Pie Crust 101
Pie dough, at its most basic, is made of flour, fat and a little liquid to pull it all together.
Fat contributes taste and, most importantly, structure. Butterdelivers rich flavor and a deep golden color when baked. Just make sure the butter stays very cold, or the dough will get tough from excess liquid binding with the flour.
Substitute a little shortening for some butter and you'll get flaky pie dough and minimal toughness (because shortening has no liquid to bind with the flour). All-butter crust is going to taste better, so try not to phase in too much shortening.
No matter which fat you choose, it matters how you incorporate it.
- If the recipe calls for the fat to be mixed some, but mostly left in bits and pieces, the dough will be flaky.
- If the fat is evenly mixed with flour and made smooth, the dough will be tender, like a cookie.
Liquid holds the dough together, and in many ways is the key to tough or tender crust. The key word here is balance: Too much liquid makes for dense, hard dough; too little liquid makes the crust fall apart. Slightly acidic liquids ? like vinegar, sour cream, yogurt or lemon juice ? will help relax the gluten and assure a tender crust.
Other key points are temperature and touch. Always keep dough chilled, and avoid overworking it while mixing or rolling.
Beyond this basic formula there are lots of variations:
Added sugar makes the dough sweet and tender. Egg yolksor cream make the crust luxuriously rich.
Nuts bring richness and flavor, but they can be sticky when soft. A little chilling and a floured parchment will set things straight.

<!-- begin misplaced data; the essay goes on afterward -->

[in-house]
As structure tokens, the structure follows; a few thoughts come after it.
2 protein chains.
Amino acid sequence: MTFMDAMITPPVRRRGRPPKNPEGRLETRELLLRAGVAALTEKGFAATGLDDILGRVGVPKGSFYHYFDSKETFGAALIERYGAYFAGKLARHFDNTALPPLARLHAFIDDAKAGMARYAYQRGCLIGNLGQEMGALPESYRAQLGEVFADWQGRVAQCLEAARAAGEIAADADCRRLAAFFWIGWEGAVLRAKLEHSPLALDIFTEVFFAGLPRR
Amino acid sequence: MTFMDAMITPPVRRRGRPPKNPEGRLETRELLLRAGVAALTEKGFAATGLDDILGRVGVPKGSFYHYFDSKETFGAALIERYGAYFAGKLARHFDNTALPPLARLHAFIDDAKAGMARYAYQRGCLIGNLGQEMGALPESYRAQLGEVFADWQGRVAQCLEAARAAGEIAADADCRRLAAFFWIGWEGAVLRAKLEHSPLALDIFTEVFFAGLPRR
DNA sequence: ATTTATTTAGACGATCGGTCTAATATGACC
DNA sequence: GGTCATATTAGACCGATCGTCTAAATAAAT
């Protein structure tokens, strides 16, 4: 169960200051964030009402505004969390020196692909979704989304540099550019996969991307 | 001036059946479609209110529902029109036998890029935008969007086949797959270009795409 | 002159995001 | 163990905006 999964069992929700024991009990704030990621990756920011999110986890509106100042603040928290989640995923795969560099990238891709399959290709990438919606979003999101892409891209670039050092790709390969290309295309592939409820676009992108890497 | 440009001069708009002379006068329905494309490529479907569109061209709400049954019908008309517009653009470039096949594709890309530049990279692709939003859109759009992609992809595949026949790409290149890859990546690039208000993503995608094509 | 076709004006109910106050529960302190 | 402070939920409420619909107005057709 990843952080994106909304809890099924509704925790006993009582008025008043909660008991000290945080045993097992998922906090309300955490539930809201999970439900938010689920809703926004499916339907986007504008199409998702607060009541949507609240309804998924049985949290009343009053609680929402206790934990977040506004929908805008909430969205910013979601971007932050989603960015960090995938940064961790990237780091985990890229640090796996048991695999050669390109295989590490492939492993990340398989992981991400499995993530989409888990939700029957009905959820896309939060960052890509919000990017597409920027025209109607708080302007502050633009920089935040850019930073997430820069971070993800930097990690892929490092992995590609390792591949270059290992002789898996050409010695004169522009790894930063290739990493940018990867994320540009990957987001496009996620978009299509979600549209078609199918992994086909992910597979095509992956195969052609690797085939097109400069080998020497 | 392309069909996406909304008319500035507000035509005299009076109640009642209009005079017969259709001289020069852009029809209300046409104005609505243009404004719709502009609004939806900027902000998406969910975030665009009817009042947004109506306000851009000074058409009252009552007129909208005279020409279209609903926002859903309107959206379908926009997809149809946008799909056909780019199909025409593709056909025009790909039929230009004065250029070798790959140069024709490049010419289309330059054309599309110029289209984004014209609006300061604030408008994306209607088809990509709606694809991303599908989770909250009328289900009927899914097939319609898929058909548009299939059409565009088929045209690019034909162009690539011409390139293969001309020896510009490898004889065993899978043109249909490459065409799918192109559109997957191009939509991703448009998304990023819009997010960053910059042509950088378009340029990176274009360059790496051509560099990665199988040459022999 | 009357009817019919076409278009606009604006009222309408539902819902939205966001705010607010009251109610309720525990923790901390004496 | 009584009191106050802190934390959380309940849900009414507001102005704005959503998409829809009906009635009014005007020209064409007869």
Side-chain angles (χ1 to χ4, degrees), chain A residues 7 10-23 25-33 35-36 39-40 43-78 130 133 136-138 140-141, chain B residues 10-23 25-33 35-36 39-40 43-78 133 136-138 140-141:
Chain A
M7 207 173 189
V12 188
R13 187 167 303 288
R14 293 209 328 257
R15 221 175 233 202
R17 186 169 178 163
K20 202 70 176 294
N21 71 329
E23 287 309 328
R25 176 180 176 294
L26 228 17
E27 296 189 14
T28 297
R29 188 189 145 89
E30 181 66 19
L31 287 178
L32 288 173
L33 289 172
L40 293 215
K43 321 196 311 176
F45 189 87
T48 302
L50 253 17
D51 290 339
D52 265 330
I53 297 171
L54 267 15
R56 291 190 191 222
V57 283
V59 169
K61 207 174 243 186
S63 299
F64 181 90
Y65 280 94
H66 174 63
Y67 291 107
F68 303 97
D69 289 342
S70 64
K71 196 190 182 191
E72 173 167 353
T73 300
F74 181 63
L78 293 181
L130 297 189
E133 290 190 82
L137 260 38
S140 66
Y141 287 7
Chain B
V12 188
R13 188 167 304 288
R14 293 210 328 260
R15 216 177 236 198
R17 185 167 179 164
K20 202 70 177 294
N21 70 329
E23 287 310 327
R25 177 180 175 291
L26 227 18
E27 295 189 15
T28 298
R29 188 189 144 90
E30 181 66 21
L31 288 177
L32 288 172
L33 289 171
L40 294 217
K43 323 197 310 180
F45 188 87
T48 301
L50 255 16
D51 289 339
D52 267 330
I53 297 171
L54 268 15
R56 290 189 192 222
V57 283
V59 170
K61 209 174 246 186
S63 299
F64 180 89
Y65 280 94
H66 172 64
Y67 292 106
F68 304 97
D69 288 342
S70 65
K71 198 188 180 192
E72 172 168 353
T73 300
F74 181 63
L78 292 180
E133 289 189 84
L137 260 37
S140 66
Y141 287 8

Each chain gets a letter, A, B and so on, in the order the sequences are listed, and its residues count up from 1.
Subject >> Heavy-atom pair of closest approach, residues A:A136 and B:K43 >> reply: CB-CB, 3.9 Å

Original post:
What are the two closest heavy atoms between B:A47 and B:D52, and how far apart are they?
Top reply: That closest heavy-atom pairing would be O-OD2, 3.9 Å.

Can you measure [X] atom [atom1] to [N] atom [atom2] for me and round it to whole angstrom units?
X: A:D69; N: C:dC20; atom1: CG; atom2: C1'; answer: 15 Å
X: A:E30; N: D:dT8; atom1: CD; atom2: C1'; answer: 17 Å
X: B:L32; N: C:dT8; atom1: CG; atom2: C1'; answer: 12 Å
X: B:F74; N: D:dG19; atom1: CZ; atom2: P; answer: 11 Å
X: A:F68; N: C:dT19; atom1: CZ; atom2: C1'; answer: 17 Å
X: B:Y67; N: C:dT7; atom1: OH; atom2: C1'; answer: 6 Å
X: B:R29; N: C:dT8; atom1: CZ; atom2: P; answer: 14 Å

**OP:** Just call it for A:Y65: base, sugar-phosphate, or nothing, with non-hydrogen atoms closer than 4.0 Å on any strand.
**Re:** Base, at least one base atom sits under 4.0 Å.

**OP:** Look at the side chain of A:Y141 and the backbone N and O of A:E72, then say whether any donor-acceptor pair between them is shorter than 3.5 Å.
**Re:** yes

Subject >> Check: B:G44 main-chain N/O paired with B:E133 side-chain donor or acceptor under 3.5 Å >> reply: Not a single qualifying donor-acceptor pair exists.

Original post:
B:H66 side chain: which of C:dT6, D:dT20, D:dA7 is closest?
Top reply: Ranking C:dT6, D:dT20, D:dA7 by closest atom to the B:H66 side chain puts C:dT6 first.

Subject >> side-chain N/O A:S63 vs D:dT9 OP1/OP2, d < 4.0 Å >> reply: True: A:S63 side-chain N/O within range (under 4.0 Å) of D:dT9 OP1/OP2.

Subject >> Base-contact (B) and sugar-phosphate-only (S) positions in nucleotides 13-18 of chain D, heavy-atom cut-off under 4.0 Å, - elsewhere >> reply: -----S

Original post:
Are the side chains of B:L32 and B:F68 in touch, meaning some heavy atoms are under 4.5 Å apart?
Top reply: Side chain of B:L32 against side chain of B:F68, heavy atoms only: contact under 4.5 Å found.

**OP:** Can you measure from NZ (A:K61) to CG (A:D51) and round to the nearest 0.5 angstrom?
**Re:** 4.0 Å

Cocoa adds both color and flavor to a crust, but too much can make a dough dry and tough.
Make sure the dough is ready to roll ? it should just hold together when you squeeze it together, with some dry crumbly bits around the ball.
Lightly dust the rolling surface (i.e. counter) with flour. Be reasonable here, as too much flour can mess things up later on.
Use a rolling pin and roll from the center, rotating the dough a quarter turn each time to give you a large circle. It won't be a perfect circle, so don't obsess as edges are usually trimmed.
Don't press too hard ? it makes the dough stick to the surface. To un-stick the dough, use a metal spatula to peel it off, then toss a tiny bit of flour underneath and repeat.
Still sticking? Pop it in the fridge, and start again when the dough is cool and firm.
Brush off any excess flour with a very dry brush. Then, do the following:
1. Put a lightly floured rolling pin at the top of the dough circle.
2. Gently roll the dough onto the rolling pin.
3. Set the dough-wrapped rolling pin at the pie plate's bottom edge.
4. Carefully unroll until the dough is centered on the plate.
Don't stretch the dough to fit the pan. If it doesn't fit, try to roll it out a little more. If you have a glass pie plate, that's excellent ? it will help you be able to check when it's fully blind-baked. What's blind baking, you ask?
This is a special term for pre-baking the crust so it stays flaky and golden after the filling is added. Here's what you need to do:
1. Preheat the oven. Ovens take about 30 minutes to get up to speed, so give it some time.
2. Line the raw crust with a generous piece of wax paper and fill with dried beans ? this weighs down the dough and keeps it flat.
3. Place pie plate in lower third of the oven, where it's hottest.
4. Rotate your pie throughout the baking for even browning.
5. Remove when it's fully blind baked. The crust should be golden brown, not pale or dark brown.
During the preheating and blind baking stages, you'll want to be dealing with the filling ? following your recipe, of course. Also, this is a good time to roll out the top layer of dough.
Some recipes call for cooking pie filling before it goes in the bottom crust. That's a pretty good idea, since it keeps the crust crisp and the filling (apples, blueberries, etc.) juicy.
After this stage, you're ready to bake your pie. Whatever cooking time the recipe calls for, just remember to cool the pie afterwards for at least 2 hours.